Historic bridge, grassy flats and old chimneys stacks. These, along with small stand of exotic trees which mark the sites of settlers homes are revealed to visitors of these valley settlements.
The popular Mangapurua and Kaiwhakauka tracks provide an interesting three day tramp through the area.
Historic Mangapurua Valley
Visit this valley where a rehabilitation farming settlement was established for returned serviceman.
Both the Mangapurua and Kaiwhakuka valleys were rehabilitation settlements where land was offered to returned soldiers following World War 1. The endeavours of these pioneers have provided a unique historic quality to this area. The pioneer settlers cleared the land of its forest and transformed it into farmland. At the peak of settlement there were 30 farms in the Mangapurua and 16 in the Kaiwhakauka.
Problems such as poor access, bad erosion and falling prices for stock during the Depression years forced most of the settlers to abandon their farms. The few remaining farmers were forced to leave in 1942 when the government, short of money, refused to maintain the flood damaged road.
Today this isolated valley is regenerating in native forest, but there are still signs of the original settlement for visitors to the area to see.
Bridge to Nowhere
Bridge to Nowhere, Mangapurua Valley
This large concrete bridge is an icon within the Whanganui National Park and a major visitor destination.
The bridge was constructed in the mid-1930s to provide road access to the lower and middle valley farms known as the Mangapurua Valley Soldiers Settlement.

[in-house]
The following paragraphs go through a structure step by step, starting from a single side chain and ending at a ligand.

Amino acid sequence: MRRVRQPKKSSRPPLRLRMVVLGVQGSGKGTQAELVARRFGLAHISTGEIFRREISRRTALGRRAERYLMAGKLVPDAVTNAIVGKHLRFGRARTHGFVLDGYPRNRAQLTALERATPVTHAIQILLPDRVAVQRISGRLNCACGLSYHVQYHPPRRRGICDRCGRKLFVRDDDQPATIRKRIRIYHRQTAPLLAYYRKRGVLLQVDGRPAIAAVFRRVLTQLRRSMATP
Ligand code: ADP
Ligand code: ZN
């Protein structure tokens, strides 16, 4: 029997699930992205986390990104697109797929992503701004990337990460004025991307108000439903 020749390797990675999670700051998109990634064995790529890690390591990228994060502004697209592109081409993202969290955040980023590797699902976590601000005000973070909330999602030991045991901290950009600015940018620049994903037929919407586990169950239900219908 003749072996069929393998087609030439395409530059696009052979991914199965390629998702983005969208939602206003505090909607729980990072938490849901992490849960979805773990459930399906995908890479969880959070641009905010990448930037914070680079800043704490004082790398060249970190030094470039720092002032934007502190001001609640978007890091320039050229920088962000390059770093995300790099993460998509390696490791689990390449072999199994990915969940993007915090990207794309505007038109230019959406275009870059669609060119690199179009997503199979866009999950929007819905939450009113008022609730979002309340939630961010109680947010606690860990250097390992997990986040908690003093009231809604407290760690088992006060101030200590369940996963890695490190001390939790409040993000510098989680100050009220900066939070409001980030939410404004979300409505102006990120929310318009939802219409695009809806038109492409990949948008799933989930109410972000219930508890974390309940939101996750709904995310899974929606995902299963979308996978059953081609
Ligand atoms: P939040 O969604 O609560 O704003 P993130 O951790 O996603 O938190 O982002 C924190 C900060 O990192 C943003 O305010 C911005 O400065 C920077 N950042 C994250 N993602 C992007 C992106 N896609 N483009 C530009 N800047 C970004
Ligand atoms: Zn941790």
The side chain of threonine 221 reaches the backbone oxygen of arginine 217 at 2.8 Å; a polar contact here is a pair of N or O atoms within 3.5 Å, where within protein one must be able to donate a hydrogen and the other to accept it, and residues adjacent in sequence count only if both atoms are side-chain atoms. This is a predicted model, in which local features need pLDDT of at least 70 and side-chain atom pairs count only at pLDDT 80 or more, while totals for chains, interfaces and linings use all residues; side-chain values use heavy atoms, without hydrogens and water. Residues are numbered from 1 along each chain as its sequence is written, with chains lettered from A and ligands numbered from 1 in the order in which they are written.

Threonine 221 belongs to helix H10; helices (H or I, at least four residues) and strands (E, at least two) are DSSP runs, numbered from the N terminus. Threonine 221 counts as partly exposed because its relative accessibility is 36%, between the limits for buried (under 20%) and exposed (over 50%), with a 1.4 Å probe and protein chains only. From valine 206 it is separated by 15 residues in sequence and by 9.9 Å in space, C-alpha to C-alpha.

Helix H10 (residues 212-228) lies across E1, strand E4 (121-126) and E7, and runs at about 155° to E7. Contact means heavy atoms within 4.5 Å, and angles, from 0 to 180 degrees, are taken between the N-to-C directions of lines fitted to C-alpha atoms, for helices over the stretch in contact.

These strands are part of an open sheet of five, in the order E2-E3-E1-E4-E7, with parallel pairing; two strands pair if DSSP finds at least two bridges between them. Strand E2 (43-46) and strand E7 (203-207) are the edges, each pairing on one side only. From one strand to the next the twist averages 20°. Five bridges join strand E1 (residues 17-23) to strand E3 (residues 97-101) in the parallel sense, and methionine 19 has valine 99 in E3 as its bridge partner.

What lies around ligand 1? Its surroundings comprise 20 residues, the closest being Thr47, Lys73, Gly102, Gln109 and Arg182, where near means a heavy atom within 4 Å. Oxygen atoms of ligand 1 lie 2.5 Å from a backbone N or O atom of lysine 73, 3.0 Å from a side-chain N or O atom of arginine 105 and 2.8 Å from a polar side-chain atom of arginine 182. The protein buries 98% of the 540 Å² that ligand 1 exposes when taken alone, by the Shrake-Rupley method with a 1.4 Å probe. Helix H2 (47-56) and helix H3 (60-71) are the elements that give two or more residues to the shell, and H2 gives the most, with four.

By the time it was completed these areas of the Mangapurua Valley were deserted, the bridge rarely used and the construction of the road to the Whanganui River abandoned.
The “Bridge to Nowhere” is the largest and most intact structure relating to the former Mangapurua Valley Soldiers Settlement and has an Historic Places Trust Category I listing. The bridge remains as a trampers’ bridge at the southern access point to the Mangapurua Valley.
There are two ways to access the bridge site, either by a gentle 40 minute walk from the Mangapurua Landing on the Whanganui River, or by a two day tramp from Whakahoro Hut to the north via the Kaiwhakauka and Mangapurua Valleys.
History of the Bridge to Nowhere.
The Mangapurua/Kaiwhakauka valleys are located in the Whanganui National Park.
The best way is to take a jet boat from Whakahoro down the historic Whanganui River to the Mangapurua Landing and begin the walk up the Mangapurua Valley from here. At the end of the valley follow the Kaiwhakauka Valley back to Whakahoro.
Mountain biking and cycling
Today these valley are regenerating in native forest, but there are still signs of the original settlement for visitors to see, including the Bridge to Nowhere.
High numbers of goats, low to medium numbers of fallow deer, red deer and pigs are present. Special restrictions apply and a permit is required.
Mountain biking and cycling
This section is part of the unique heritage Mountains to the Sea cycle trail. A highlight of the trail is to cycle across the Bridge to Nowhere.
Places to stay
Whakahoro Hut at the northern end of the Kaiwhakauku Valley is the only hut in the locality.
Although no there are no other huts in these valleys, there is an abundance of ideal campsites on open grassy flats and small side streams provide ample water.
Where practical and to minimise impacts we recommend camping at sites where DOC has provided toilets.
Plan and prepare
This area only has one hut so you need to be equipped for camping and weather changes.
If you are accessing or exiting walks from the southern end, you will need to make arrangements with one of the jet boat operators for transport.
Before you go into the outdoors, tell someone your plans and leave a date to raise the alarm if you haven't returned. To do this, use the New Zealand Outdoors Intentions process on the AdventureSmart website. It is endorsed by New Zealand's search and rescue agencies and provides three simple options to tell someone you trust the details about your trip.
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